Sardar Jit Singh of Jharauli, is the
present head of the Jharauli Shahids.
He has two sons, Devindar Singh and
Mohindar Singh. Residence : Jharauli,
Ambala, Punjab.

JWALA SINGH (of Wazirabad), Sar-
ddr ; b. 1822. The title is hereditary.
The Sardar is the youngest son of the
Sardar Ganda Singh, who was in at-
tendance on the Maharaja Sher Singh
when that prince was assassinated,
and Was severely wounded in the en-
deavour to defend him. Sardar Ganda
Singh was killed at the battle of Firuz-
shahr. Sardar Jwala Singh is an
Honorary Magistrate. Residence : Guj-
ranwala, Punjab.

JYOTI PRASAD GARGA (of Maisadal),
Rdjd. The title is personal, and was
conferred on January 1, 1890, for his
"liberality and public spirit." The
Raja is the present representative of
the Maisadal family. Their title of
Raja is said to have been conferred by
the old Nawabs of Bengal. The first
Raja was the Raja Janardhan Upad-
hyaya. Two ladies of this family at
different periods — the Rani Janaki
Devi and the Rani Mathura Devi —
have been in charge of the Raj. The
late Raja, Lakshman Prasad Garga of
Maisadal, is recorded to have rendered
good service during the Orissa famine
of 1866. Residence : Maisadal, Midna-
pur, Bengal,



KABLL SHAH, Sayyifl, Khan Bahadur.
The title is personal, and was conferred
on January 1, 1877, on the occasion of
the Proclamation of Her Most Gracious
Majesty as Empress of India. Resi-
dence : Thar and Parkar, Sind.

KABIR-UD-DIN, Shaikh, Khan Baha-
dur. The title was conferred as a
personal distinction on May 20, 1896,
for meritorious service in the Medical
Department. Residence: Bengal.

KACHESAR, Rao of See Umrao
Singh.

KACHI BARODA, Thakur Dalel Singh,
Thakur of. A ruling chief ; b. 1839.
Succeeded to the gadi 1864. The State
is tributary to Dhar, to which it is
adjacent, and contains a population of
about 3000. Residence : Kachi Baroda,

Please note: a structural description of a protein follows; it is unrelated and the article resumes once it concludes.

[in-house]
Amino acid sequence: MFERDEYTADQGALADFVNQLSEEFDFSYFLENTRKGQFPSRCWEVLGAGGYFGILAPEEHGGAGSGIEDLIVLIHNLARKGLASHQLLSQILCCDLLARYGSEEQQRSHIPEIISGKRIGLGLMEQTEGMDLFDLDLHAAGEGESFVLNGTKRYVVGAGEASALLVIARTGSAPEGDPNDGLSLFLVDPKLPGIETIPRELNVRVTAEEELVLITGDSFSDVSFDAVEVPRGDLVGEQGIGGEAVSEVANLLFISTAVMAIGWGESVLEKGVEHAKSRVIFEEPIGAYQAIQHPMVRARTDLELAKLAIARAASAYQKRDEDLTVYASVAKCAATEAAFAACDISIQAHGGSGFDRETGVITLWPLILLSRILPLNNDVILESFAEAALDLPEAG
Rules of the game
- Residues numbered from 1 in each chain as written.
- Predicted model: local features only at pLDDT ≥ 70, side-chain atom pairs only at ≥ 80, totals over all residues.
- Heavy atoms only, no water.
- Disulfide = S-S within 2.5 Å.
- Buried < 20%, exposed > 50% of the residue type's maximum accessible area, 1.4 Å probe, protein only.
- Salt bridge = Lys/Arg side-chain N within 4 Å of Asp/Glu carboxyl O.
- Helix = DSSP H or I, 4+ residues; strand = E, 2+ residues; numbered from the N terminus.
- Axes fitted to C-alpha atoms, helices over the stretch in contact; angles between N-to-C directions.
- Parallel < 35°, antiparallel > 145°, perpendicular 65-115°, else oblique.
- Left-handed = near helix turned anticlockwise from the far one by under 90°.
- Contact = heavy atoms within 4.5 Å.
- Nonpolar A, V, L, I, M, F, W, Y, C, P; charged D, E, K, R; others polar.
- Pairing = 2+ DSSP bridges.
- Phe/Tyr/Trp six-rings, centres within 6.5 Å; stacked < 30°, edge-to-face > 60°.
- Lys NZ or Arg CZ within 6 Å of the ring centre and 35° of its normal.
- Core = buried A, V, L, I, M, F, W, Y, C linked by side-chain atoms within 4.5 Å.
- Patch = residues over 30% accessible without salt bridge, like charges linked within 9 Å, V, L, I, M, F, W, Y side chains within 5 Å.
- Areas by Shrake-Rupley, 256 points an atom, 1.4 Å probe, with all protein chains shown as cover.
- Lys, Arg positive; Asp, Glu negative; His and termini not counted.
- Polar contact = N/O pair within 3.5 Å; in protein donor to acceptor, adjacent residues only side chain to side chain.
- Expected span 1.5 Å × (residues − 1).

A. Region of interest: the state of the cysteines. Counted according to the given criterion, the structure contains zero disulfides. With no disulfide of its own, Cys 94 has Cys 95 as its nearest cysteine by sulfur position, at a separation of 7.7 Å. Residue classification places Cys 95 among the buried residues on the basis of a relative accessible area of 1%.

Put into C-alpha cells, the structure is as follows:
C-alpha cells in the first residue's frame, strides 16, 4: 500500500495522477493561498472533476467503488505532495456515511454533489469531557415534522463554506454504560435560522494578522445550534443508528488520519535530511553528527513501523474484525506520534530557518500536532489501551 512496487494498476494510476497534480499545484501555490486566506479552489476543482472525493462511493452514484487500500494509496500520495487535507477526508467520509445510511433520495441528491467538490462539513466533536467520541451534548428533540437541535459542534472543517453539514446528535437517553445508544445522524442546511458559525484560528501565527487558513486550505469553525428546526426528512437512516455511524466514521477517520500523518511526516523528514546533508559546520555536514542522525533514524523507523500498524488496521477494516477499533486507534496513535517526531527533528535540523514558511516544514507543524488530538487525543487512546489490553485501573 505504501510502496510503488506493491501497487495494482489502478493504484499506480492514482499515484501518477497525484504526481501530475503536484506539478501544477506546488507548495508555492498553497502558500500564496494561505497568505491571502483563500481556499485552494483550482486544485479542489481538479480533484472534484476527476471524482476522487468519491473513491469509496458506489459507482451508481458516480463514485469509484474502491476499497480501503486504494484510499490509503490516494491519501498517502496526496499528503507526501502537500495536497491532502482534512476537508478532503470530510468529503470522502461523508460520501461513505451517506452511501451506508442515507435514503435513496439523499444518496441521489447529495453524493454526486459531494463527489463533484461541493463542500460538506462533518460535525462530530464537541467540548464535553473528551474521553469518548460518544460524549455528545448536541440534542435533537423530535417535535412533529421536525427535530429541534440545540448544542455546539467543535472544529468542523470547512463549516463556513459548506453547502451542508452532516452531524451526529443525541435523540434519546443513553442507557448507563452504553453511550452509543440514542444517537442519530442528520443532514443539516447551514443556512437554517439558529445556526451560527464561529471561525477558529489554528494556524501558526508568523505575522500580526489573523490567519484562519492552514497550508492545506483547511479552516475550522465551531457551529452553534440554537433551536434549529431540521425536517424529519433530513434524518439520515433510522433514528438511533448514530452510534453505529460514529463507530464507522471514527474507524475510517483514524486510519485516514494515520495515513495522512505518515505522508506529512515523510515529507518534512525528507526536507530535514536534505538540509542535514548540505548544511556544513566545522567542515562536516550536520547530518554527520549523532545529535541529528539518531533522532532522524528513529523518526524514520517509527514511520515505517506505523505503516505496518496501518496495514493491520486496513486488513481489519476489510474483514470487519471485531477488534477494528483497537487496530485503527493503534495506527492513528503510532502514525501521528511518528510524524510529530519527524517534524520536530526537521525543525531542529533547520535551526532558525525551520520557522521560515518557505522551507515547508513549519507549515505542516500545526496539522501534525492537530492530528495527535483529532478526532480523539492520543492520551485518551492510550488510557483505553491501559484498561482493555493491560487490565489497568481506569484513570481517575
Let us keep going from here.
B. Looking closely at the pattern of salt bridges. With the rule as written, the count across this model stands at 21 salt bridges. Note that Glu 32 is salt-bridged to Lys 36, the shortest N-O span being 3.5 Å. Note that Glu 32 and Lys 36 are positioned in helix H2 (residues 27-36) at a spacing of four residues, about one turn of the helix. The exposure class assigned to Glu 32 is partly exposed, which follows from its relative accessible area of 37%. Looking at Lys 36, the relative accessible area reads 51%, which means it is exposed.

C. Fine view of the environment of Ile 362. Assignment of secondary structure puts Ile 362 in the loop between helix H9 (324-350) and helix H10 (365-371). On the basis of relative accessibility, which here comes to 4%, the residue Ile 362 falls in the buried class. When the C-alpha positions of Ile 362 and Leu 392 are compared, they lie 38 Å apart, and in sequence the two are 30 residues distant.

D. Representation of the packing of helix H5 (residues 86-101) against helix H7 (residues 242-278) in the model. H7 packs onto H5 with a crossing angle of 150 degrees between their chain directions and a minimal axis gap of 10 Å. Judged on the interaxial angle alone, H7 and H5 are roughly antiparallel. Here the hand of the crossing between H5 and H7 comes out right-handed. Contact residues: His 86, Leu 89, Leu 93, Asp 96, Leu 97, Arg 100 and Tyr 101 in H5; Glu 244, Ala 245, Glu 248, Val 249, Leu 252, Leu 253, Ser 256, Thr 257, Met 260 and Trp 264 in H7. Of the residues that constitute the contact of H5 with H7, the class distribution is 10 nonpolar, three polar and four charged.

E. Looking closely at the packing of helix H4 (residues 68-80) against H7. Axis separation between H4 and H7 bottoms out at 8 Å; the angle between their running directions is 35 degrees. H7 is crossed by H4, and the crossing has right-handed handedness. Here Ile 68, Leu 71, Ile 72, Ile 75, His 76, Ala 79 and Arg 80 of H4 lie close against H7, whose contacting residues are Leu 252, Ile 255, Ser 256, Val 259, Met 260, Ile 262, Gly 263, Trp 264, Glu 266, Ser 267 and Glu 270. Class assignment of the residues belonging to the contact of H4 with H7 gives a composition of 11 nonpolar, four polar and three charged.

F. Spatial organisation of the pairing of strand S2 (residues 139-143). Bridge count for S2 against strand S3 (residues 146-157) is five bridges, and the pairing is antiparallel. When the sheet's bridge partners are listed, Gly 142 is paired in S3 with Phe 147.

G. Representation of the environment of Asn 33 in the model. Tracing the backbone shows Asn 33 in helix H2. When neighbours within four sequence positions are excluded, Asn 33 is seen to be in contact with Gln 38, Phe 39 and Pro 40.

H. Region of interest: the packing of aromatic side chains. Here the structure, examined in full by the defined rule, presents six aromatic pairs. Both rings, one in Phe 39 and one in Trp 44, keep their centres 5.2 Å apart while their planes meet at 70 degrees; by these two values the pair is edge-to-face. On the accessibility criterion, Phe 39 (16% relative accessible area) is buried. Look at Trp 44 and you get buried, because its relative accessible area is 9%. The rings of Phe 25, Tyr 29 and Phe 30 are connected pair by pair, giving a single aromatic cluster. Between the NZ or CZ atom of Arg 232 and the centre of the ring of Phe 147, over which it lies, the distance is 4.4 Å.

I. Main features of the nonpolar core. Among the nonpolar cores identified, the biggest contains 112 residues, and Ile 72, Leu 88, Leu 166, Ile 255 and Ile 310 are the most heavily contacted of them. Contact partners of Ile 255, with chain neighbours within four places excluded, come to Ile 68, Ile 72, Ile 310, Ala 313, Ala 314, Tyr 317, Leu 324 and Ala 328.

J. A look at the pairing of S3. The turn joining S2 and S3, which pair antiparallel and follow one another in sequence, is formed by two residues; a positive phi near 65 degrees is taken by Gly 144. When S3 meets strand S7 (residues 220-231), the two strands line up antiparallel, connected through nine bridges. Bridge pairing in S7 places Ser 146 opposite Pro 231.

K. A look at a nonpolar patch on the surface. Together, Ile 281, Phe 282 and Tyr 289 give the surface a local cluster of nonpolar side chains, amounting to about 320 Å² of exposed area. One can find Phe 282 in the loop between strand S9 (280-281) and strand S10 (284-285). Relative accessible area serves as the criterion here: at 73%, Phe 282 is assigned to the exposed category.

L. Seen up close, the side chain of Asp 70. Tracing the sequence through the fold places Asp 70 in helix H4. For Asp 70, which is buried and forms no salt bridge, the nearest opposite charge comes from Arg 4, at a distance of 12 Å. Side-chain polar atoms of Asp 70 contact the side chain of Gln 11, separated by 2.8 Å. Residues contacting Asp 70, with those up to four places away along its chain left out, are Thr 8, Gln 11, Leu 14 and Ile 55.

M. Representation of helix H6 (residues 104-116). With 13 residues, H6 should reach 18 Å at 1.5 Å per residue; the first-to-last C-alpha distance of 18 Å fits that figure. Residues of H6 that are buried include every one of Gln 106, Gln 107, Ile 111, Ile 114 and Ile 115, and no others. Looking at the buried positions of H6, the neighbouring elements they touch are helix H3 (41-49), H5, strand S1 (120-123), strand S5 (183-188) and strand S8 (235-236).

Bhopawar, Central India.

KADATTANAD, Valiya Rdjd of. The
title is hereditary, the present Raja
being the twenty-eighth in descent.
Belongs to a Samanda family, which
originally held the rule over a district
named Vatakumpuram. One of his
ancestors was driven out of Vatakum-
puram by the Zamorin of Calicut, and
thenceforward the family ruled a dis-
trict on the Malabar coast, extending
originally from Mahe to Badagara,
where the Raja now lives. This terri-
tory is said to have been granted by
the Cherakal Raja of Kolathiri. In
1766 Haidar Ali of Mysore invaded the
country, and the Raja took refuge with
the East India Company's officers in
Tellicheri ; and again, when the Sultan
Tippu invaded the country, the Raja
and his family took refuge with the
Maharaja of Travancore. In 1792 the
Raja entered into an agreement with
the British Government to receive an
annuity as compensation for the estates
of his ancestors. Like the other Mala-
bar Rajas, the family follows the Ma-



Online LibraryRoper LethbridgeThe golden book of India; a genealogical and biograhical dictionary of the ruling princes, chiefs, nobles, and other personages, titled or decorated, of the Indian empire, with an appendix for Ceylon → online text (page 23 of 63)